Now, while we are at this game of spending motive-power money more tellingly, it also has to be said that the money that could have been saved by not letting Baldwin skin the company for over $3 million Depression-era dollars on 'research and development' on the Big Engine could easily have been spent instead on a couple of full 6000hp Essl locomotives, plus a few 408 genset spares to make the trick work as intended.  It would be fun to see a Trail Blazer accelerate faster than a GG1 in instantaneous, only to cruise a few minutes later at the equivalent of the burn of a couple of Geeps in run 6, would it not?

 

  

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Posted by Overmod on Monday, July 20, 2020 3:10 AM

Miningman
1929 Amelia Earhart broke a bottle of champagne on the propellor of a Ford Tri-Motor and led passengers to an air-train cross country trip. 

Vince, you and Mike can do better than that.  This was the American female Lindy, who had flown the Atlantic in the year between Lindbergh and then ... and the 'cross country trip' was the introduction of commercial coast-to-coast fifty-one hour service (!) involving sleeper service from New York to Columbus and then on ATSF between Waynoka and Clovis.  Depression and weather uncertainty killed it; Mike can find service pictures of the planes used in the service.

Of course,GCT had something later that trumped a Trimotor:

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Posted by Miningman on Monday, July 20, 2020 3:24 AM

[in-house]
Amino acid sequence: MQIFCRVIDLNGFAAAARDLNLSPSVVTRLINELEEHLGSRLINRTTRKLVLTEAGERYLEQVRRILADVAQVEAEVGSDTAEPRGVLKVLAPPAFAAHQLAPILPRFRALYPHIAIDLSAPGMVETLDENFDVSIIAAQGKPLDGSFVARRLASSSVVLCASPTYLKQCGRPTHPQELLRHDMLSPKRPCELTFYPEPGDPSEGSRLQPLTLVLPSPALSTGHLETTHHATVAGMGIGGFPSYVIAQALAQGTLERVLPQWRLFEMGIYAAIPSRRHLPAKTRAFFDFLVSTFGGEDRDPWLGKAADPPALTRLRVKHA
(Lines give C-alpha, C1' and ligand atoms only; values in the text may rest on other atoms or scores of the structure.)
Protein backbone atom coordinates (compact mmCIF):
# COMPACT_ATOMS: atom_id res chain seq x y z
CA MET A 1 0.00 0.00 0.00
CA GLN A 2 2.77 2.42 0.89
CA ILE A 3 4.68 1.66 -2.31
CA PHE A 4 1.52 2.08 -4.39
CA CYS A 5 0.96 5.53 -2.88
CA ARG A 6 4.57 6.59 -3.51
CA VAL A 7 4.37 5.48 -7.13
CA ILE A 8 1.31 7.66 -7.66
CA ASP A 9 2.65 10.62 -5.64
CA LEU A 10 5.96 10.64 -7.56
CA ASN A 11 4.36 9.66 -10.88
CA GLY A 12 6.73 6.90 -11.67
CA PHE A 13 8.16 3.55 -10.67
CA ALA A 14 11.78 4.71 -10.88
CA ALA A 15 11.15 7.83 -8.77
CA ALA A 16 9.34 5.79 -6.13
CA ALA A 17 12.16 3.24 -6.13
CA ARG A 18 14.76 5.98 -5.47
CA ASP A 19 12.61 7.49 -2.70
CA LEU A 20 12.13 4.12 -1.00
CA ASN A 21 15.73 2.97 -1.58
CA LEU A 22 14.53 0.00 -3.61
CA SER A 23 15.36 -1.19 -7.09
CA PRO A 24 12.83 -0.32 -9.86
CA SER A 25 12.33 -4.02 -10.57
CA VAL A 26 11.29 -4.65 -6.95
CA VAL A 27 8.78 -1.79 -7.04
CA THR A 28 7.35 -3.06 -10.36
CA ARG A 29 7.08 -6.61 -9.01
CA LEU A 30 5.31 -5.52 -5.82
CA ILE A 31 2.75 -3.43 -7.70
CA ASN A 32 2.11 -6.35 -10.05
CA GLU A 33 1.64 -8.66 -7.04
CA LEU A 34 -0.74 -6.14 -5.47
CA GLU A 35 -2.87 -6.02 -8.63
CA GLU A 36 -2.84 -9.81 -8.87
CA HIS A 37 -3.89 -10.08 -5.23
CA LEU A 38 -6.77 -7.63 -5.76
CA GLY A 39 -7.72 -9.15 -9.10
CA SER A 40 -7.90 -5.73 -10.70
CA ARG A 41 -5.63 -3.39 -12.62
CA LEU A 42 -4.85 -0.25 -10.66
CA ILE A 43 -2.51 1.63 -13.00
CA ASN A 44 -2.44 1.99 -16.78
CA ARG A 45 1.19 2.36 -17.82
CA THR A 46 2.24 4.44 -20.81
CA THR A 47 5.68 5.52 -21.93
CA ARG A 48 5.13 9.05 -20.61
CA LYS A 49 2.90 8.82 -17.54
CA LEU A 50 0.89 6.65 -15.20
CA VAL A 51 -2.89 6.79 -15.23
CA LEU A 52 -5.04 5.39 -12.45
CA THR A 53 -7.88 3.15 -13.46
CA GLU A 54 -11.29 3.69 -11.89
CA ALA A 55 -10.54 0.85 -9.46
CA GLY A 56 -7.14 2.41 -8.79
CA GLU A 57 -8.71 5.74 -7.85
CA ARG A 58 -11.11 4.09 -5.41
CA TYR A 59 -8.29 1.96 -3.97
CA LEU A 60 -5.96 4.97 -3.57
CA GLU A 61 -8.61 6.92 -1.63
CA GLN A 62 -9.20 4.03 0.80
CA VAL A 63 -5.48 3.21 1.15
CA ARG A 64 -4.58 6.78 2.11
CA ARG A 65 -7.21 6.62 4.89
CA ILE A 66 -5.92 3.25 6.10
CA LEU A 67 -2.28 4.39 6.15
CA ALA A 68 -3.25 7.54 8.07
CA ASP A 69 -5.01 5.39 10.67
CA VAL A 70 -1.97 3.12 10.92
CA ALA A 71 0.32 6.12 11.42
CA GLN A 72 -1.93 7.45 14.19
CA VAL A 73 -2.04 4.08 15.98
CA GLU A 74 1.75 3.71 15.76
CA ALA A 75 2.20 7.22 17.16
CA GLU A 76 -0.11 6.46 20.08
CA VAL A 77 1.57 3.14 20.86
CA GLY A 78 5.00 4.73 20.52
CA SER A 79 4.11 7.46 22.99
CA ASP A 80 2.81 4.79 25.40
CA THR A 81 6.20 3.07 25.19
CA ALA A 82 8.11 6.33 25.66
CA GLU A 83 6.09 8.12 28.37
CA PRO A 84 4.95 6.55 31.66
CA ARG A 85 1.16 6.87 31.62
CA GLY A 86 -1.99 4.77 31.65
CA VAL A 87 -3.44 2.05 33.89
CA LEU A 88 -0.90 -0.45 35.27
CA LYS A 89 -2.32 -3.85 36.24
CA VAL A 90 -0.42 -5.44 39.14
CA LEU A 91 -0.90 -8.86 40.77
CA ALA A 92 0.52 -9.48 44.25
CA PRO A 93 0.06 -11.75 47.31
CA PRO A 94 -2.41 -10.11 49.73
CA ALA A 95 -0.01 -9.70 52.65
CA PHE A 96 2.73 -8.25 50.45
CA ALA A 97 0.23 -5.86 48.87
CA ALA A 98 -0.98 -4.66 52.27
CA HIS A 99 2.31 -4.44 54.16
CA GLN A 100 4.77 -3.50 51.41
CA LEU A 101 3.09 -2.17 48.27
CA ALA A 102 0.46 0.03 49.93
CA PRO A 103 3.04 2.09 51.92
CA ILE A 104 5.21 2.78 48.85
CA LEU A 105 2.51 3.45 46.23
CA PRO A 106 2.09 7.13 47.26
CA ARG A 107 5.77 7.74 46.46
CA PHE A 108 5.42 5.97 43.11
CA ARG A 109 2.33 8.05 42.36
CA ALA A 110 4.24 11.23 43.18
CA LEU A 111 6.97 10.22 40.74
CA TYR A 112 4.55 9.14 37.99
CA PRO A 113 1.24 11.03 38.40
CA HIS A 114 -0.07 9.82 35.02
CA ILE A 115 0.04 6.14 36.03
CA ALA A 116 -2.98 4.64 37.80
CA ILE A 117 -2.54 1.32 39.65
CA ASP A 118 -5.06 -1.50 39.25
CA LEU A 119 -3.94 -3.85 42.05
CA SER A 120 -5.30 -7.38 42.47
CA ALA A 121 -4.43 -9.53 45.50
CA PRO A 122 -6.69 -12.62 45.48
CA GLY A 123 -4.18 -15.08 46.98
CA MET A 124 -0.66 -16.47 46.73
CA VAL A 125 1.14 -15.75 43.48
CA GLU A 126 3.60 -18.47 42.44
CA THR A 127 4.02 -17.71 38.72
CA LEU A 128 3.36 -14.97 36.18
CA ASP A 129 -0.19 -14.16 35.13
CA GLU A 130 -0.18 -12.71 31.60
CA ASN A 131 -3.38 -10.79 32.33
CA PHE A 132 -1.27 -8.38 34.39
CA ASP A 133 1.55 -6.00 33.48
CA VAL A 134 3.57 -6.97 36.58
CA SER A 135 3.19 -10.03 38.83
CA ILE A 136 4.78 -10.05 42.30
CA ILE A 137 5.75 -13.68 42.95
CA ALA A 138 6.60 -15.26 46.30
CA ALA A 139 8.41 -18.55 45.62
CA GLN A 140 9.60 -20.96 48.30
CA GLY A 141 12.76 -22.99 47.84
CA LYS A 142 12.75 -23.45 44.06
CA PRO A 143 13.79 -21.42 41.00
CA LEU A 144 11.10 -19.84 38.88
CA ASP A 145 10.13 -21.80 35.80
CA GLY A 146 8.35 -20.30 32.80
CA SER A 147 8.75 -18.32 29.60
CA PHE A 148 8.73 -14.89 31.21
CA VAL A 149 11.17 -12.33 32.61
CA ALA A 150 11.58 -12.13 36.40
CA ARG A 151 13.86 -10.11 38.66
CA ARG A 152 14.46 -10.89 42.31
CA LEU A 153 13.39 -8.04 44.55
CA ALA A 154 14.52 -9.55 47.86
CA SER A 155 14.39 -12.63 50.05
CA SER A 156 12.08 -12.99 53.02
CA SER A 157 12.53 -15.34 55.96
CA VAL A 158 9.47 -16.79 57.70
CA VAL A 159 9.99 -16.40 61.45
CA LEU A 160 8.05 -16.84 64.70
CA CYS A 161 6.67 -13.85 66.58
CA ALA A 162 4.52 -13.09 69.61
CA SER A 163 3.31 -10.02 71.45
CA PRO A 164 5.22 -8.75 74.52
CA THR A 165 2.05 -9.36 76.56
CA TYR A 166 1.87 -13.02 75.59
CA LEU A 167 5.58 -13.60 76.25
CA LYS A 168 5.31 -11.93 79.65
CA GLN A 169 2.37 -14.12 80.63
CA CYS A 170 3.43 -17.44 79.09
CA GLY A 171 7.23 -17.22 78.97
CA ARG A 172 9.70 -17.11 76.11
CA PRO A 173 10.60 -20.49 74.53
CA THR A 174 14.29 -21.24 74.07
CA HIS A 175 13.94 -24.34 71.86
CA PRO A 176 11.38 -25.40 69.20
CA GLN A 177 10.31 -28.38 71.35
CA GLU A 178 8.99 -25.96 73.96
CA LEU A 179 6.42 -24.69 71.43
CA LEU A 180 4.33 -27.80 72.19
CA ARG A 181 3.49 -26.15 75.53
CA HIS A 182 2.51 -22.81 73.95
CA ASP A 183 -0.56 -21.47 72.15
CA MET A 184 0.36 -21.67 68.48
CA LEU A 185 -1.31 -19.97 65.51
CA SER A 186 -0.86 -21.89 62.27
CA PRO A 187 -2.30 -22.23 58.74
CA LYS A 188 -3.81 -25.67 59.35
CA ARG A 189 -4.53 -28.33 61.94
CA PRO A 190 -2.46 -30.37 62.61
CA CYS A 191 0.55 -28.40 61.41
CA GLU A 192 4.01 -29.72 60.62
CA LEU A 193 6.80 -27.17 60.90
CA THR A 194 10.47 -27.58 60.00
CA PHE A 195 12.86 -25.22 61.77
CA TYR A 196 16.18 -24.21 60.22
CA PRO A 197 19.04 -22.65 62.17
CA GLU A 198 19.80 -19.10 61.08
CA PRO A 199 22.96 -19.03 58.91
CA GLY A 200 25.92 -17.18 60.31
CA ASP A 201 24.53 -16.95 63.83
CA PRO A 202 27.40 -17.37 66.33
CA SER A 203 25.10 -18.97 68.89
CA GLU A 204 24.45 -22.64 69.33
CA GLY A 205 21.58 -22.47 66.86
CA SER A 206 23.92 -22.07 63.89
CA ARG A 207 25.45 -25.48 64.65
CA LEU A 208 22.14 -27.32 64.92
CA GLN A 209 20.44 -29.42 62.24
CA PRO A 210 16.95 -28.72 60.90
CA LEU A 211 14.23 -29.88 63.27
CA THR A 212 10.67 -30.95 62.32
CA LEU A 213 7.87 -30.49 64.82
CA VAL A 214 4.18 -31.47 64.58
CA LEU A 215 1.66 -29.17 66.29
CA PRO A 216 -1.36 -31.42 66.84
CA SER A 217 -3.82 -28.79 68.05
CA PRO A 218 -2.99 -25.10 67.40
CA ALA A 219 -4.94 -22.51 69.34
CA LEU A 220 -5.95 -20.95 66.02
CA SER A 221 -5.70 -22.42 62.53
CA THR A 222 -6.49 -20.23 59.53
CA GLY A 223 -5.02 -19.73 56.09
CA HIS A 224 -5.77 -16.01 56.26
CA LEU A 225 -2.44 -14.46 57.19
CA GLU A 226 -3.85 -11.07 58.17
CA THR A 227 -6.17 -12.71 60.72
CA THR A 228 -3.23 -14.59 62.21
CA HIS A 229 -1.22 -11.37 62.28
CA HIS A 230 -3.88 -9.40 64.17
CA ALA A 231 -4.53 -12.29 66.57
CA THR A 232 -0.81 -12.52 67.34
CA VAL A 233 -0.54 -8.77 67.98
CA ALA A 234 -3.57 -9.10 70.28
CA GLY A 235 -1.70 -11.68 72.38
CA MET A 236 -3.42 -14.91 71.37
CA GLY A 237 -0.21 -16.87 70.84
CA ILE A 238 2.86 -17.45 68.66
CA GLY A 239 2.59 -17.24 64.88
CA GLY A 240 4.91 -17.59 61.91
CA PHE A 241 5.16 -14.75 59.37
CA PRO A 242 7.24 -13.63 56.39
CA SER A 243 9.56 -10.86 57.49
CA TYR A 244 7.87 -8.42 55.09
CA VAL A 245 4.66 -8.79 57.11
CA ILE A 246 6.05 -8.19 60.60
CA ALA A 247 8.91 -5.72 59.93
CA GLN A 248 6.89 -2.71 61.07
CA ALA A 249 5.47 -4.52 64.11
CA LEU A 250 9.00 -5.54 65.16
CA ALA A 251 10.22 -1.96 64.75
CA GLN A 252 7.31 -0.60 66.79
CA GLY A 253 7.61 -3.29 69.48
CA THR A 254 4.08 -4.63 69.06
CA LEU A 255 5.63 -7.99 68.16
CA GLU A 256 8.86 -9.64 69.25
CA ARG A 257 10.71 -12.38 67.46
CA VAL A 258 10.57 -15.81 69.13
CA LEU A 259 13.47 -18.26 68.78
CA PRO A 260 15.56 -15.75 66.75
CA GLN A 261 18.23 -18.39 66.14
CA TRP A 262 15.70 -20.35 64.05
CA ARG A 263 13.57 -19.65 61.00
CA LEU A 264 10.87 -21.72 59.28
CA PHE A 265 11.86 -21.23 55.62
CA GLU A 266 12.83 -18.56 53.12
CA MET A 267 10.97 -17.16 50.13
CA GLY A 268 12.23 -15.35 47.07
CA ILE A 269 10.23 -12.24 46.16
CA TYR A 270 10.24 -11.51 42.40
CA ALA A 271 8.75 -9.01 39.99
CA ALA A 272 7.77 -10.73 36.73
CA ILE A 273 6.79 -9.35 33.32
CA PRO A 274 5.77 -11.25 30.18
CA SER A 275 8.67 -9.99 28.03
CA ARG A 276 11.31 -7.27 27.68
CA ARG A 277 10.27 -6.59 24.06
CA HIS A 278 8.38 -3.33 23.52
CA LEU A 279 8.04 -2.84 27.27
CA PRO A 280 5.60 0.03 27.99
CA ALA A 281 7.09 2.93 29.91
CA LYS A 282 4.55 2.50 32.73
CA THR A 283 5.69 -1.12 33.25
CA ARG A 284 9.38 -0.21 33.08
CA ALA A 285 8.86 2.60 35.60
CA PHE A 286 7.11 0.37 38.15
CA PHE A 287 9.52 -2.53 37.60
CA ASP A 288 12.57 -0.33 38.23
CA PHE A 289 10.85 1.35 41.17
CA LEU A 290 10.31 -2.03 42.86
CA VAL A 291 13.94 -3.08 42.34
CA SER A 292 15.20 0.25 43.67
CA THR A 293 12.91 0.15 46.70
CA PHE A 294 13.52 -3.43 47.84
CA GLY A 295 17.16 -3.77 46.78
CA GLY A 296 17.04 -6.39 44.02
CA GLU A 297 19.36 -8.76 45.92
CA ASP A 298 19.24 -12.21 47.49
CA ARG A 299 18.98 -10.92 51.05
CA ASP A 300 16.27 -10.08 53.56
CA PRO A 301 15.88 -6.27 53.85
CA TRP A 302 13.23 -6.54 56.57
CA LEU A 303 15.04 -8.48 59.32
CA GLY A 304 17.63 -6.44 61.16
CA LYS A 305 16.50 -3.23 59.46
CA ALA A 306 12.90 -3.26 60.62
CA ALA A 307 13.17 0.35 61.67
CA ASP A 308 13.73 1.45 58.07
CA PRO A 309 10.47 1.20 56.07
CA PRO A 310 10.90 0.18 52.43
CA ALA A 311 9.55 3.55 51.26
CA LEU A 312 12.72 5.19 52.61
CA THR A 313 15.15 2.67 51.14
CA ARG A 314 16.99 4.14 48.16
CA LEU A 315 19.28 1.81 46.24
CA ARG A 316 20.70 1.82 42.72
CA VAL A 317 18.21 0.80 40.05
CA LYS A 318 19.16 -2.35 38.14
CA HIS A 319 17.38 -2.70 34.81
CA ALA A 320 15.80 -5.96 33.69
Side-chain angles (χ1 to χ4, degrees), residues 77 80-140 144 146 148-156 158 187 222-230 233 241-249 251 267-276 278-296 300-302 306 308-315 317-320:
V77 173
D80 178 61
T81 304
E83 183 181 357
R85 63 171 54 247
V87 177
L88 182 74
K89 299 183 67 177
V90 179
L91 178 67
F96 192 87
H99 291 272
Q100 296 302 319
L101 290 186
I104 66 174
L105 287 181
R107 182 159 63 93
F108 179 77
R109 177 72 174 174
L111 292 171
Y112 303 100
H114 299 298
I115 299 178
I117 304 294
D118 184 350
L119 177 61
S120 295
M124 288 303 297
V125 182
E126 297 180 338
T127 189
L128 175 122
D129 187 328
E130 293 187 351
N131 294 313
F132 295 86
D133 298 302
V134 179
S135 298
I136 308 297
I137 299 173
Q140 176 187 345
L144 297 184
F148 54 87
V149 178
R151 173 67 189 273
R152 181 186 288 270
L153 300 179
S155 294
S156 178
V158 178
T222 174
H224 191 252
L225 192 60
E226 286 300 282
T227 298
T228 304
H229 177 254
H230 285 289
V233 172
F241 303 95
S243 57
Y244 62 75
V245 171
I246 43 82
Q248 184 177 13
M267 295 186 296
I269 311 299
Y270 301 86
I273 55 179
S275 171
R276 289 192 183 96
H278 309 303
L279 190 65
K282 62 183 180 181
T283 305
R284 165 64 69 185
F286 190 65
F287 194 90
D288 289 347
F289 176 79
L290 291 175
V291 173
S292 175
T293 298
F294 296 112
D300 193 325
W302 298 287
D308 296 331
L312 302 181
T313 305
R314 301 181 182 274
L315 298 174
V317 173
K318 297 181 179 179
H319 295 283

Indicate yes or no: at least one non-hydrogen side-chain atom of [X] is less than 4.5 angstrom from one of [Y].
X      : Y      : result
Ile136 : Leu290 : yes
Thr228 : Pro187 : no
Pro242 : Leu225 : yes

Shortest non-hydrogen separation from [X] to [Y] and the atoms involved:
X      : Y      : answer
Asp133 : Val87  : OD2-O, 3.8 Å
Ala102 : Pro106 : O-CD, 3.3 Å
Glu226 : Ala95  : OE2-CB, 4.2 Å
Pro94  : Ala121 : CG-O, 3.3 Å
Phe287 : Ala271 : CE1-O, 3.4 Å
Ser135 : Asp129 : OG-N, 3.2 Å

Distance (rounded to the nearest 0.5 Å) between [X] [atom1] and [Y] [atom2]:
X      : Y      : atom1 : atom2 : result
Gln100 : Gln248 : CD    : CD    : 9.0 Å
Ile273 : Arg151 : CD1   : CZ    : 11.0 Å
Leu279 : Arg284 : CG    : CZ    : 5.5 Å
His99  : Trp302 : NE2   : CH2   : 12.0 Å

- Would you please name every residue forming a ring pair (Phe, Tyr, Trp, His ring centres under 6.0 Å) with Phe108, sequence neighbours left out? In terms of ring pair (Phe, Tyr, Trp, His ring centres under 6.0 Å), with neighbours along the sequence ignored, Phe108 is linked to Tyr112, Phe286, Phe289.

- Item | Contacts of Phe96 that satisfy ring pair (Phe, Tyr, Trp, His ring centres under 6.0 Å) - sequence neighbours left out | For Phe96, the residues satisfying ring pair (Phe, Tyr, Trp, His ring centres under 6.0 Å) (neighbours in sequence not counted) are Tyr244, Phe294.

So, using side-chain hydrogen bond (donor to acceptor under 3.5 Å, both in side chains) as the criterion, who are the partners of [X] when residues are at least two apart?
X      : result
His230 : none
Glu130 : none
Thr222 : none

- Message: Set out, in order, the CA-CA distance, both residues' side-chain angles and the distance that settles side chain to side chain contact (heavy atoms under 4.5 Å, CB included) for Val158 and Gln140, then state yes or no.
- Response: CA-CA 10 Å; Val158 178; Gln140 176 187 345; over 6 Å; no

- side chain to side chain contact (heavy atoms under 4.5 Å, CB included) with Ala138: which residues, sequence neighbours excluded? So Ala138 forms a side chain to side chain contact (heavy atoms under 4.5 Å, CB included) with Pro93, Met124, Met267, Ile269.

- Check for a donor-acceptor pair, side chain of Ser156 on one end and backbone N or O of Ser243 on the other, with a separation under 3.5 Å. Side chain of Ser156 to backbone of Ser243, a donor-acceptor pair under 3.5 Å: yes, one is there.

Actually Mike has nothing to do with my Replacement Photo of the Day AND you're not allowed to upstage the new management but since you gave such a succinct answer to my T1 query I will accept what has been  put forth re: the Rocket.

Now having stated Mike is not part of this thankless task he has sent in an emergency photo to your challenge.


Amelia 

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Posted by Overmod on Monday, July 20, 2020 3:43 AM

That's good -- but still not as good as "Giant Conquerors of Space and Time" which should have been in the first of these airplane posts.

An airplane, like a locomotive, is a wonderful thing to see 'plinthed', but a far finer thing in its element:

https://i.pinimg.com/originals/70/1b/41/701b413cf4603123c53ecc4583236767.jpg

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Posted by Flintlock76 on Monday, July 20, 2020 8:45 AM

I'll take that Ford Trimotor over that oversized bottle rocket any day of the week!

Yeah, I'm a dinosaur and proud of it!  Besides, a "Tin Goose" is way more cool than a tin tube!